Intermolecular Forces and Solutions



 

Learning Objective

  • Recall the two conceptual steps necessary to dissolve a solute and form a solution

Key Points

    • There are two conceptual steps to form a solution, each corresponding to one of the two opposing forces that dictate solubility.
    • The first conceptual step is dissolution, which corresponds to the force of the solvent-solvent and solute-solute intermolecular attractions that needs to be broken down.
    • The second conceptual step is solvation, which corresponds to the force of the solute-solvent intermolecular attraction that needs to be formed in order to form a solution.
    • Many intermolecular forces can contribute to solvation, including hydrogen bonding, dipole-dipole forces, Van Der Waals forces, and ion-dipole interactions.

Term

  • intermolecular forcesattractive and repulsive forces between molecules

The strength of the intermolecular forces between solutes and solvents determines the solubility of a given solute in a given solvent. In order to form a solution, the solute must be surrounded, or solvated, by the solvent. Solutes successfully dissolve into solvents when solute-solvent bonds are stronger than either solute-solute bonds or solvent-solvent bonds.

Qualitatively, one can determine the solubility of a solute in a solvent by using the rule “like dissolves like”. In general, solutes whose polarity matches that of the solvent will generally be soluble. For example, table salt (NaCl) dissolves easily into water (H2O) because both molecules are polar.

Intermolecular Forces and Their Importance in Solution Formation

There are two conceptual steps to form a solution, each corresponding to one of the two opposing forces that dictate solubility. If the solute is a solid or liquid, it must first be dispersed — that is, its molecular units must be pulled apart. This requires energy, and so this step always works against solution formation (always endothermic, or requires that energy be put into the system).

Step 1 of dissolutionMolecules going from an ordered state, such as a solid, to a disordered state require an input of energy.The nature of the solute (X) and solvent (Y) determines whether dissolution is energetically favorable or unfavorable. If the solute binds to other solute (X-X bond) more strongly than the solute binds to the solvent (X-Y bond), then the dissolution is not energetically favorable.

Step 1: Dissolving Solutes

The nature of the solute (X) and solvent (Y) determines whether dissolution is energetically favorable or unfavorable. If the solute binds to other solute (X-X bond) more strongly than the solute binds to the solvent (X-Y bond), then the dissolution is not energetically favorable.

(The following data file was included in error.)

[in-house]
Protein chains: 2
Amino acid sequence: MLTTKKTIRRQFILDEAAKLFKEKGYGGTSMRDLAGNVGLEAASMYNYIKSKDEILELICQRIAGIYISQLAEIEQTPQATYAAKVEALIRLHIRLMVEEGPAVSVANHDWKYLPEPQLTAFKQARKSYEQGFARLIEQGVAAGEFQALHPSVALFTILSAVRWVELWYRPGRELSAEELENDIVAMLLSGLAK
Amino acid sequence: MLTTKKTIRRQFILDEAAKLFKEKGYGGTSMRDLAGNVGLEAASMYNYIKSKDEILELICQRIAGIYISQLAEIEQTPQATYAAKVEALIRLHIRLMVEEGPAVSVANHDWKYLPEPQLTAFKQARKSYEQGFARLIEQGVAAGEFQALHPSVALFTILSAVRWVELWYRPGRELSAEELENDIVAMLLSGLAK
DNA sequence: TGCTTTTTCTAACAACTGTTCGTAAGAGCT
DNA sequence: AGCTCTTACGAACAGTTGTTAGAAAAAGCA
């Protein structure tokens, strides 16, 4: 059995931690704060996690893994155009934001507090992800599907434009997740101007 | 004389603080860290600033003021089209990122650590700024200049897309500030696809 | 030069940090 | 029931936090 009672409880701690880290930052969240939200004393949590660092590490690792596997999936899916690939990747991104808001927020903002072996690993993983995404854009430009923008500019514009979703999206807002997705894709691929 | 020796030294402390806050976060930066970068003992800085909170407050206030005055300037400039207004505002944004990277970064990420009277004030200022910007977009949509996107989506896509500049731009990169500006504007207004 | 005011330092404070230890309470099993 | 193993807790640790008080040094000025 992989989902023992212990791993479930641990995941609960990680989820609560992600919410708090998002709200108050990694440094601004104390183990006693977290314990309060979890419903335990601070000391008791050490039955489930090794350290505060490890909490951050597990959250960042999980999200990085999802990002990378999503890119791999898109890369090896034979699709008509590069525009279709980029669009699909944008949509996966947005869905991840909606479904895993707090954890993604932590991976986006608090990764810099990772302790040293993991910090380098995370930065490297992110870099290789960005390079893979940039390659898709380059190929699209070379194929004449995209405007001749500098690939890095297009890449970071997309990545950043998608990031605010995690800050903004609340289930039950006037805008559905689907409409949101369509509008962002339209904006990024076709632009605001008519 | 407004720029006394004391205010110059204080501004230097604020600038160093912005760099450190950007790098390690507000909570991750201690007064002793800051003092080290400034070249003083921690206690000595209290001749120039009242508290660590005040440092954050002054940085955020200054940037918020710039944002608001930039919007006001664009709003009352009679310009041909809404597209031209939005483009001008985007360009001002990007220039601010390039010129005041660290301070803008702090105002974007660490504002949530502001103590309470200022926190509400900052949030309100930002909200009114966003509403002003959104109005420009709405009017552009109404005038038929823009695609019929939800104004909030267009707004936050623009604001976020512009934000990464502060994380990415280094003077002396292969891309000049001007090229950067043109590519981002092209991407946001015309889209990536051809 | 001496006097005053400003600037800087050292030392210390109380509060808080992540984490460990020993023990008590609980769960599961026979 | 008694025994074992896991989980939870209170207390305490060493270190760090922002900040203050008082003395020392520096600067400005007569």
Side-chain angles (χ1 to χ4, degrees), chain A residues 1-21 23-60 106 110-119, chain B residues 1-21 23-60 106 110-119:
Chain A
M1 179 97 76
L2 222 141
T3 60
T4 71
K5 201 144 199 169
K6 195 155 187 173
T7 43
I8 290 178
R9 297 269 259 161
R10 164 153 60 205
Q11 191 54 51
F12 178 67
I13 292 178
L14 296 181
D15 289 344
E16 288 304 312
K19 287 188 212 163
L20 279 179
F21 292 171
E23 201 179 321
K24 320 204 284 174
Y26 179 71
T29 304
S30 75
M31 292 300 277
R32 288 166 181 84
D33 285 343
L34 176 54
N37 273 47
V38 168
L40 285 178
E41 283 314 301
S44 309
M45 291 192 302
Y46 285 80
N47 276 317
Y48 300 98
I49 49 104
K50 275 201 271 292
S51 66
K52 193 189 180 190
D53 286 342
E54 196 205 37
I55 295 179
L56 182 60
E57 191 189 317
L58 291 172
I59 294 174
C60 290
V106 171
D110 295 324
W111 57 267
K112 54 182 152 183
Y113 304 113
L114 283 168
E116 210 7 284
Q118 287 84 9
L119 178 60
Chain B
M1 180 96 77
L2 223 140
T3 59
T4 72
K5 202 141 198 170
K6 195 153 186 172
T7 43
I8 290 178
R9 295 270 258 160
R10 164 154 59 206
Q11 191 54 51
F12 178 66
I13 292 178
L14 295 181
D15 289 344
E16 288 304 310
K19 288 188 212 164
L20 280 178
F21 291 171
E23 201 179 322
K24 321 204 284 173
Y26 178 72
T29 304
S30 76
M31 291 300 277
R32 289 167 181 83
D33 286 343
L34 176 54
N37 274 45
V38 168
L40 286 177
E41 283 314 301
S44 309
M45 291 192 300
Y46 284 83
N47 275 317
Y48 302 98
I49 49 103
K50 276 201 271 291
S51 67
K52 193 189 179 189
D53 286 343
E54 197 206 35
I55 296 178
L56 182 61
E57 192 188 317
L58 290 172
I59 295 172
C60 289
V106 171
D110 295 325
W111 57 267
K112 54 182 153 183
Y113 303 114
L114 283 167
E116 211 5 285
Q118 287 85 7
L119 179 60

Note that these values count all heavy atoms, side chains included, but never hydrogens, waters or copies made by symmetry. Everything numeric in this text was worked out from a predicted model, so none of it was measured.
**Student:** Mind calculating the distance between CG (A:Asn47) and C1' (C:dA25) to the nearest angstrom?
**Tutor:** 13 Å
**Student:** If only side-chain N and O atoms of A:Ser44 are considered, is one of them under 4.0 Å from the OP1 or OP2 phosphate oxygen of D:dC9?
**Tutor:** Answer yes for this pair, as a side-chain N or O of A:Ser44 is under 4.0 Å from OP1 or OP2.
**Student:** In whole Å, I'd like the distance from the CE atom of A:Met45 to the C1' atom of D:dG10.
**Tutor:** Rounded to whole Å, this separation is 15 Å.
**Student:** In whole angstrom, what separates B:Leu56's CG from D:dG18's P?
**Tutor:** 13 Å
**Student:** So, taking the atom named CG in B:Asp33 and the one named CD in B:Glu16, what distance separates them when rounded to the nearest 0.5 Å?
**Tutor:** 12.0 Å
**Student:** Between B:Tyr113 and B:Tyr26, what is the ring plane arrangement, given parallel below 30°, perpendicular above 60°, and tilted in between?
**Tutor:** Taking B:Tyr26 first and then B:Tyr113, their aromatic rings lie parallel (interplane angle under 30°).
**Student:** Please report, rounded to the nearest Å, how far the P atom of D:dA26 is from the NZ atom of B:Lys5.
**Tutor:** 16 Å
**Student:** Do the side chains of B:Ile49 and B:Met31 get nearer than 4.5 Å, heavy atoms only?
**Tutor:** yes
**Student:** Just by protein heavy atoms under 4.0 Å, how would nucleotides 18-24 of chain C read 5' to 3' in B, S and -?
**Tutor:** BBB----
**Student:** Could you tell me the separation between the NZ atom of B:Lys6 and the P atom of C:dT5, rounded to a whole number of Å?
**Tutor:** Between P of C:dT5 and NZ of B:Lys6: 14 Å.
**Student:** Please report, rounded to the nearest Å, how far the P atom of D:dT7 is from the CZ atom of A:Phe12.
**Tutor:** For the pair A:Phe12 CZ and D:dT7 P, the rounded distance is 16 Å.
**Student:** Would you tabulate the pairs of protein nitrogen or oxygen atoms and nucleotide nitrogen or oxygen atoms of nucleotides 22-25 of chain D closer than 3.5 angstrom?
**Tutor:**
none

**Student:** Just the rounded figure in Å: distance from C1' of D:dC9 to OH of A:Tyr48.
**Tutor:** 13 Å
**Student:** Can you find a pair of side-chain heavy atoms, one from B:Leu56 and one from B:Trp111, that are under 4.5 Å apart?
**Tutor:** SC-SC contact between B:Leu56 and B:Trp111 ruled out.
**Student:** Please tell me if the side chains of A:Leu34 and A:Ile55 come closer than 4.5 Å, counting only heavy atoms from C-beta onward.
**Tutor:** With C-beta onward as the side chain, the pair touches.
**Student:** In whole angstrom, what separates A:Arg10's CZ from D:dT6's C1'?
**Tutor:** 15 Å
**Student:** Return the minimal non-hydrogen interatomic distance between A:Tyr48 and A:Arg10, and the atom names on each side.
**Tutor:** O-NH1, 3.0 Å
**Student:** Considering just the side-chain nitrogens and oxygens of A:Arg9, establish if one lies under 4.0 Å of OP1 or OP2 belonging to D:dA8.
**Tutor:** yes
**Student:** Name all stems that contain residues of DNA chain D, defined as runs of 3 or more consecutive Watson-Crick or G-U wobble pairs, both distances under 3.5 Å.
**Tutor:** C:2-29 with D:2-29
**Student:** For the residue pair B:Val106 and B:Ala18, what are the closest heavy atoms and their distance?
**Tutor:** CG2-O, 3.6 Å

On the other hand, dissolution is favorable when solute-solvent bonds (X-Y) are stronger than X-X or Y-Y bonds. In this case, the potential energy is lower when the solute and solvent can form bonds. If the X-Y attractions are stronger than the X-X or Y-Y attractions, the dissolution reaction is exothermic and releases energy when the solute and solvent are combined.

Since the dissolution of the solvent (X-X) and solute (Y-Y) is always positive, the determining factor for solution formation is the value of X-Y. Remember that the interactions between X and Y, represented above as X-Y, are classified as intermolecular forces, which are not covalent (bonding) interactions.

Step 2: Forming a Solution

After dissolution occurs, solvation follows. If solvation releases more energy than is consumed during dissolute, then solution formation is favored and the solute is soluble in the solvent. Many intermolecular forces can contribute to solvation, including hydrogen bonding, dipole-dipole forces, and Van Der Waals forces.

Ion-Dipole Interactions

Another common example of these forces at work is an ion-dipole interaction, which arises when water solvates ions in solution. This interaction arises most prevalently when strong or weak electrolytes are place in water. Consider the dissolution of table salt (sodium chloride) in water:

[latex]NaCl (s) \rightarrow Na^+(aq)+Cl^-(aq)[/latex]

The water molecules form a solvent cage around each Na+ or Cl ion, as implied by the aqueous state symbol (aq) following each of the products. The positive ion, Na+, is surrounded by water molecules that have the negative dipoles of the water, or the oxygen, pointing towards the cation.

Solvation of a cation by water.Water molecules (gray/green is hydrogen, orange is oxygen) surround a sodium cation in a solution. Notice the negative dipole or the oxygen molecules are ‘facing’ the Na+.

In this case, the anion Cl is solvated by the positive dipoles of water, which are represented by hyrogen atoms. In general, when ions are present in water, each cation and anion is surrounded by a ‘cage’ of partial negative or partial positive charge, respectively. These interactions explain why most ionic compounds are considered soluble in water, unless specifically labeled otherwise.